The Weed this month is one of the most beautiful typical North American native: fleabane! You’ve probably seen this lovely daisy-like flower in fields, along fences and buildings, as well as on roadsides during the spring and in the beginning of summer. A variety of fleabane species that look very similar are found throughout areas around New York City area–Erigeron philadelphicus, E. annuus and E. strigosus. In a sort of role reverse, the same three fleabanes are now the weeds of Europe. (It’s typically the other direction; lots of European plants are now plants that are weeds in the US.)
Fleabane flower heads vary between white and pinkish, all the way to pale purple. The only way to reproduce is through seeds. it is simple to control through pulling or mowing–no persistent taproot to remove and rhizomes that keep growing to uncover and a booming seed production to fret about. This easygoing way of reproducing and its attractive appearance makes it a great plant!
Fleabane is part of the vast aster family (23,000 species) and includes many beloved garden plants like cosmos, sunflowers, mums, zinnias, marigolds, and dahlias, among other varieties. Take a closer look at a fleabane bloom, and you’ll see that it’s, in fact, a small cluster of flowers that are grouped together to create the illusion of a large flower. This is the characteristic of the aster family of flowers. Their flower heads feature an outer line made of “ray” flowers, each having a single, dazzling petal. In the middle are the “disc” flowers, which each has one tiny tube petal. The clusters of flowers are used to attract pollinators and also produce seeds in a way that is efficient.
The hairy stems of fleabane are the reason for the name of the genus Erigeron, which roughly translates to “old man in the spring.” The common name similar to other “-banes”–wolfsbane, leopard’s blunder, dogbane henbane, alludes to the myth that they possess the power to kill or repel bugs. In the past, it was dried or burned in sachets to repel insects such as fleas and gnats, flies and other small, nascent creatures, but there is no evidence to prove its effectiveness as a repellent for insects.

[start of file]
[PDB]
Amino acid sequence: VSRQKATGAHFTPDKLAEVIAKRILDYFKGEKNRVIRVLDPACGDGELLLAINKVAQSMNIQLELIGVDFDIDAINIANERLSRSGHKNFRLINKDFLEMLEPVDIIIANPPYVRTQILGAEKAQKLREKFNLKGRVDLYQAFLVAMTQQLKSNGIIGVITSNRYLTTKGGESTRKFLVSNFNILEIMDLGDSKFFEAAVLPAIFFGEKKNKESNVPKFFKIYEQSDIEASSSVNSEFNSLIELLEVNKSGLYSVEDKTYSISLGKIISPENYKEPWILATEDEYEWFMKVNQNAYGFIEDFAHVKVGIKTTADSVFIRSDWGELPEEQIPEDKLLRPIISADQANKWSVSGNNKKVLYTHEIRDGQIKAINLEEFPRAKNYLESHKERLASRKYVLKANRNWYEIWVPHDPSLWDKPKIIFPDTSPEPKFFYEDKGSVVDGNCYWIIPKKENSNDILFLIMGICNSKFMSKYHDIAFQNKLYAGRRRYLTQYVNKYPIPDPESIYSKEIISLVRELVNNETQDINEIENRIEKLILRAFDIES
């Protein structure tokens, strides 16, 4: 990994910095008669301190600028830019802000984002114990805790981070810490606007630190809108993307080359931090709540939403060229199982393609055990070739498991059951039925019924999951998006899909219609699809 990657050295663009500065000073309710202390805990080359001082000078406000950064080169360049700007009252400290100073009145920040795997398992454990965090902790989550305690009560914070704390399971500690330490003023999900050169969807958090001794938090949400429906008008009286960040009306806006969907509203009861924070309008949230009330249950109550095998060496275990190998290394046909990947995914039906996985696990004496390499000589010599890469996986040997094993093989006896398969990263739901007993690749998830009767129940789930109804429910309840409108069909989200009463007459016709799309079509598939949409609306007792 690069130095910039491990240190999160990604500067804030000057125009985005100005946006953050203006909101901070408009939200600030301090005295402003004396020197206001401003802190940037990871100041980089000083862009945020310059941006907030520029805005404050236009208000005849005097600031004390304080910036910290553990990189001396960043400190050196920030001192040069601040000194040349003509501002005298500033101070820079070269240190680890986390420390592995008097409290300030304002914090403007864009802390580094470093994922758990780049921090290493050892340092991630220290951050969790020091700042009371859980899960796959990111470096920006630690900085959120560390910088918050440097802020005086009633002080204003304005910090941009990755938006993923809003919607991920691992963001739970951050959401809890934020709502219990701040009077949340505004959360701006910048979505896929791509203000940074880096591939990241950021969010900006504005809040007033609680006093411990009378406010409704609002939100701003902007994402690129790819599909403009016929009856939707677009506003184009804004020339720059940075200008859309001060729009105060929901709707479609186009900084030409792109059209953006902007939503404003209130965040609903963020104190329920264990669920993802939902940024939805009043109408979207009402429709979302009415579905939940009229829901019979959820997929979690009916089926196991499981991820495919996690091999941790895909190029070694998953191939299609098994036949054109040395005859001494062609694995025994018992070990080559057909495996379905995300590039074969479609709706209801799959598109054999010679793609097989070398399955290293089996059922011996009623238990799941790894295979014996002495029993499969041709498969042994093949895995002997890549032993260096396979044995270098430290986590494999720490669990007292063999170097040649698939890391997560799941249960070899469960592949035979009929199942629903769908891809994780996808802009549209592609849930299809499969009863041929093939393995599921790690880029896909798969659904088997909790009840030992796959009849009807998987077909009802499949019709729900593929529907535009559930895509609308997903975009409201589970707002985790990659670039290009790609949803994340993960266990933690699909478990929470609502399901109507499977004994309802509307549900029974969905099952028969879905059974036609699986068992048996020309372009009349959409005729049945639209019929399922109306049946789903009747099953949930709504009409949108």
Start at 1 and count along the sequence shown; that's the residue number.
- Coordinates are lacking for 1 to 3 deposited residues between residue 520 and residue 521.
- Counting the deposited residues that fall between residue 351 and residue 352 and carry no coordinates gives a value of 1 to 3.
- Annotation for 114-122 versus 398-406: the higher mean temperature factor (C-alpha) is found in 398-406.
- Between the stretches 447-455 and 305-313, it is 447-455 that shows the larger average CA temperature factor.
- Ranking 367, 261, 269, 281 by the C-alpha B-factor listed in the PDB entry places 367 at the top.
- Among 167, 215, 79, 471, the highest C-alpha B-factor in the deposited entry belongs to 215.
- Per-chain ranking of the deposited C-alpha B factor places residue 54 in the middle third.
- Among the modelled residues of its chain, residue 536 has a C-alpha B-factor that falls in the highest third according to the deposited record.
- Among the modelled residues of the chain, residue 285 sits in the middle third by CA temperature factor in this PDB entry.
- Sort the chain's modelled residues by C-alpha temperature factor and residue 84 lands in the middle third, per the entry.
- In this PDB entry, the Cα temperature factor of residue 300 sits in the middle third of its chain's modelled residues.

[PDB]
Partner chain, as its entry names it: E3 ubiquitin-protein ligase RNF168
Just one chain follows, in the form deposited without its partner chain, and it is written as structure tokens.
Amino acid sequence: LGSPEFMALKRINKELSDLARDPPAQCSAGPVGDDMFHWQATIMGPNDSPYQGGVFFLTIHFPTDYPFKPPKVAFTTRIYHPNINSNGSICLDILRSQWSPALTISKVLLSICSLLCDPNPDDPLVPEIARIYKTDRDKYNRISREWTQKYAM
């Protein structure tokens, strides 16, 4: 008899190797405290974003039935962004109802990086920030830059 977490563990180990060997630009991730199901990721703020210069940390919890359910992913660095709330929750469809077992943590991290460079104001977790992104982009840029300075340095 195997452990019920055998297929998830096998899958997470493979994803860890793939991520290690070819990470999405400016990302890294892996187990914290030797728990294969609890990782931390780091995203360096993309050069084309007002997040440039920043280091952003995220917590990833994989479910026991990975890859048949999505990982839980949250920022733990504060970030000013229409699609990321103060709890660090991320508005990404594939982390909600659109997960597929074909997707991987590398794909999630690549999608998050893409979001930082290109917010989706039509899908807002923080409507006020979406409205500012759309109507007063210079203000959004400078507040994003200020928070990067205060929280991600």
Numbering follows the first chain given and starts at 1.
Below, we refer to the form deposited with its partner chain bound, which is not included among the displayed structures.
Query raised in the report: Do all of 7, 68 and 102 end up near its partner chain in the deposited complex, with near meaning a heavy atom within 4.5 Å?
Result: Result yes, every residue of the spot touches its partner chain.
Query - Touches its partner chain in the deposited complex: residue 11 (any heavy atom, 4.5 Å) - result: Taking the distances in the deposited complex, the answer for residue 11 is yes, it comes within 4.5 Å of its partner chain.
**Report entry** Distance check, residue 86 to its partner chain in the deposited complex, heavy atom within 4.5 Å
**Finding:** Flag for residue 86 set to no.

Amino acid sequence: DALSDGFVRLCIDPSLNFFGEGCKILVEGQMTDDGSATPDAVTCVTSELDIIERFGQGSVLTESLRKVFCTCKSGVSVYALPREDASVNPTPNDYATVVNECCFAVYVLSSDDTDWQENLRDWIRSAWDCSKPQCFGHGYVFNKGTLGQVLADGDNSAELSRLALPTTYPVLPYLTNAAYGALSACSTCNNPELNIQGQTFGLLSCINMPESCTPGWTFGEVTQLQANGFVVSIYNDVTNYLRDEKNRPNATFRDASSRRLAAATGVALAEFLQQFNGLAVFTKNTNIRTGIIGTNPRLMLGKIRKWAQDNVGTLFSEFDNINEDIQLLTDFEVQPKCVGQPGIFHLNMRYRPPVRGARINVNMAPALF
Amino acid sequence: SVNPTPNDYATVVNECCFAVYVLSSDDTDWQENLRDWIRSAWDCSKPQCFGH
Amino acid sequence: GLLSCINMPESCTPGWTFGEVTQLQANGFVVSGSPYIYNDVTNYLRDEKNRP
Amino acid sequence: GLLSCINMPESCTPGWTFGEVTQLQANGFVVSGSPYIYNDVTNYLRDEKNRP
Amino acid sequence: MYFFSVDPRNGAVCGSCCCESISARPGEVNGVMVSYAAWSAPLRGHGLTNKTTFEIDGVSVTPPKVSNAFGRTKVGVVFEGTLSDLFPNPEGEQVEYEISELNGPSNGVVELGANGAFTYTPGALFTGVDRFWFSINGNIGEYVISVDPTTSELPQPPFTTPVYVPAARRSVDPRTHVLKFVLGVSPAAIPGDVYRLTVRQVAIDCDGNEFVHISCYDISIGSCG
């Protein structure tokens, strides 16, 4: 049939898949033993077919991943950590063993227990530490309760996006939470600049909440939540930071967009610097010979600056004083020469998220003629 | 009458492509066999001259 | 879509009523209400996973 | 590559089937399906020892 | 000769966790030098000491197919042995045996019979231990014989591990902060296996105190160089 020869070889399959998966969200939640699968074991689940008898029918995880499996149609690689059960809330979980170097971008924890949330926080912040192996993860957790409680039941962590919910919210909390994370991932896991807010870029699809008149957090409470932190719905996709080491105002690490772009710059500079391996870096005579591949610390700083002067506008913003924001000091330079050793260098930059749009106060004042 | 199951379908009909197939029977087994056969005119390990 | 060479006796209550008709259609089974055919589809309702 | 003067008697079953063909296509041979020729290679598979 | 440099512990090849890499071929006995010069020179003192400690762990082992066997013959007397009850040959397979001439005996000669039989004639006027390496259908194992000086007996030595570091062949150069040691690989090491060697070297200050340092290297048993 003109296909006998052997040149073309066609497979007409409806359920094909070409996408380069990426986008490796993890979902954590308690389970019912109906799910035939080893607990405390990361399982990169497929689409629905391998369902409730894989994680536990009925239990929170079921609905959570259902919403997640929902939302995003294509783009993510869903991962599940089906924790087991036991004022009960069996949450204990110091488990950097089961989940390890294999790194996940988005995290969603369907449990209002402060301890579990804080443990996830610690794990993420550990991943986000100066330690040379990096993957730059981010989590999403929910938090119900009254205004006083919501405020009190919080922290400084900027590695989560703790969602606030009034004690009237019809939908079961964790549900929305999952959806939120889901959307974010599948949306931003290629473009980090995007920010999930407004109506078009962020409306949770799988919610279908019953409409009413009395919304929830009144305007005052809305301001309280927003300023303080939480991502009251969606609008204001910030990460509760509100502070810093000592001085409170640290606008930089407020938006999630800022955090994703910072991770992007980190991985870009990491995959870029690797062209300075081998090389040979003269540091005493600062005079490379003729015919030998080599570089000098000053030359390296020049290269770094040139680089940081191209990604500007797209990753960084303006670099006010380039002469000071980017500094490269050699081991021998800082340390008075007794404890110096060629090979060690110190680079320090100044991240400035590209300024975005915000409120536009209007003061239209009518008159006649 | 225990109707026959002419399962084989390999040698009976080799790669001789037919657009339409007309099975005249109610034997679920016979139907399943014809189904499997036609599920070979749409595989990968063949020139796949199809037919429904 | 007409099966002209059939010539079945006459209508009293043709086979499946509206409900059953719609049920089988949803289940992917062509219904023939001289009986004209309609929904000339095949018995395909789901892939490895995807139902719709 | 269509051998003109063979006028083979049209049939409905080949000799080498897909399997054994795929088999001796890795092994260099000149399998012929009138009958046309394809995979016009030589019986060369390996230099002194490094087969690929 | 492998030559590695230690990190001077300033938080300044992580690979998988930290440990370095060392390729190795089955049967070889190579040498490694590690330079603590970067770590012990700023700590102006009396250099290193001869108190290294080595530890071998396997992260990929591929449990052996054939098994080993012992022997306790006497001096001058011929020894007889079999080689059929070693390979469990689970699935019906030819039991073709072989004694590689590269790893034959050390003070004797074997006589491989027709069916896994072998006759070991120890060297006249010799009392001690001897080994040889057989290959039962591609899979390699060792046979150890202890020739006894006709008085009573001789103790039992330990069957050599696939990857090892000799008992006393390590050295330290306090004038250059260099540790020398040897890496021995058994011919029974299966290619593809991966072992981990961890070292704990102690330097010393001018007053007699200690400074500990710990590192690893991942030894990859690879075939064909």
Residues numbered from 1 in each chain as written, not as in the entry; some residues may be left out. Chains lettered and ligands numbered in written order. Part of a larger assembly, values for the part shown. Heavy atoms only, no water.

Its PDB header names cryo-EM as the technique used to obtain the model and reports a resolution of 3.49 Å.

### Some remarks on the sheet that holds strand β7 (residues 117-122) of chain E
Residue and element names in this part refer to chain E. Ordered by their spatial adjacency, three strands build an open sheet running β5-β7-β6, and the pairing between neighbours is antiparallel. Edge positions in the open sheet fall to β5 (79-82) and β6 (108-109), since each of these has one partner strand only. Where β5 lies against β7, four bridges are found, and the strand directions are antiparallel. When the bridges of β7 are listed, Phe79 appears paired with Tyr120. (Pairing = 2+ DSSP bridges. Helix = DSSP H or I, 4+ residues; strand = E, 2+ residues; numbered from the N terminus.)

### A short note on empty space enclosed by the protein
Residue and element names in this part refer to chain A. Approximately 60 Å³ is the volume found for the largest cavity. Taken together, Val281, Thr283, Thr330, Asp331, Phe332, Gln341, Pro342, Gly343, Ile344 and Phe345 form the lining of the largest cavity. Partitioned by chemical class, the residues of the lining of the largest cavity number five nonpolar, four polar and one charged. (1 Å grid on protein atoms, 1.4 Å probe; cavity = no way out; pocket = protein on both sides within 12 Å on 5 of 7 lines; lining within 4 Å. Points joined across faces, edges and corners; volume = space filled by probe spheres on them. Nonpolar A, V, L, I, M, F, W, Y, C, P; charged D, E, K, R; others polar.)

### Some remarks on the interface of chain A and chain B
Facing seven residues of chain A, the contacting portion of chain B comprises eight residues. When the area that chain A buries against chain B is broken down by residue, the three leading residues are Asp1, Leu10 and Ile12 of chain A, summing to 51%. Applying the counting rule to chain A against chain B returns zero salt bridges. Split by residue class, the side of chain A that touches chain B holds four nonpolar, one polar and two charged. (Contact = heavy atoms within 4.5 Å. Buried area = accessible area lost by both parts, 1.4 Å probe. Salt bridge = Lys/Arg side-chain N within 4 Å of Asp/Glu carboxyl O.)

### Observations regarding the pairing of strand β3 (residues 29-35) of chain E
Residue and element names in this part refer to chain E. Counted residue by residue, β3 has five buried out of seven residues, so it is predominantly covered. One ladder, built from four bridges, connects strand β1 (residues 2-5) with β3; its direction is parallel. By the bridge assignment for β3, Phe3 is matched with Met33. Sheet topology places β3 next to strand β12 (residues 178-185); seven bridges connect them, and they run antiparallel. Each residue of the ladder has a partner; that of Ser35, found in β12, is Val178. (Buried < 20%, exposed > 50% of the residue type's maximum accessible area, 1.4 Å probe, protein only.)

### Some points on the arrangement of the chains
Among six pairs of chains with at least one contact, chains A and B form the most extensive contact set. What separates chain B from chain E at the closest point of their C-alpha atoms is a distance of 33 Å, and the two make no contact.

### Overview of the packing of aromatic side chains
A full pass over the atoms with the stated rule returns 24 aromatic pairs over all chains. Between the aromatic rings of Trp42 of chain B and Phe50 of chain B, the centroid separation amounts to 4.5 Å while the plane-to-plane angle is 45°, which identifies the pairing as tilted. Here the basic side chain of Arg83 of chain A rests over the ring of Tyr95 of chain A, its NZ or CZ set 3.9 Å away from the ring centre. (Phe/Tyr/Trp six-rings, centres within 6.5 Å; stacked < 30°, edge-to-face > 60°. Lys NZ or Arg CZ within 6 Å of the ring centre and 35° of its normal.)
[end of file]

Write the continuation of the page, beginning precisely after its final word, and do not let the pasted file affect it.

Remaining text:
Crab spiders often use fleabane flowers as hunting grounds. Photo by Saara Nafici.
Much like many of its prettier aster relatives, the fleabane offers nectar for hungry, overworked pollinators. It’s also a favorite location for crab spiders to feast on insects, and also is a nursery for the Lynx flower moth. I’ve read that the seeds are a favourite food source for American goldfinches ground finches, as well as sparrows. With its rich history and its unobtrusive appearance, you may view this tiny interloper more positively than more invasive weedy plants.
The Weed of the Month series examines the ecology and background of commonly-used wild plants that gardeners view as weeds.
Saara Nafici is the executive director of the Added Value/Red Hook Community Farm. She was also an ex-coordinator of the Garden Apprentice Program at Brooklyn Botanic Garden and is a long-time activist as a feminist, bicyclist, feminist, naturalist and youth educator. Follow her adventures with weeds through Instagram.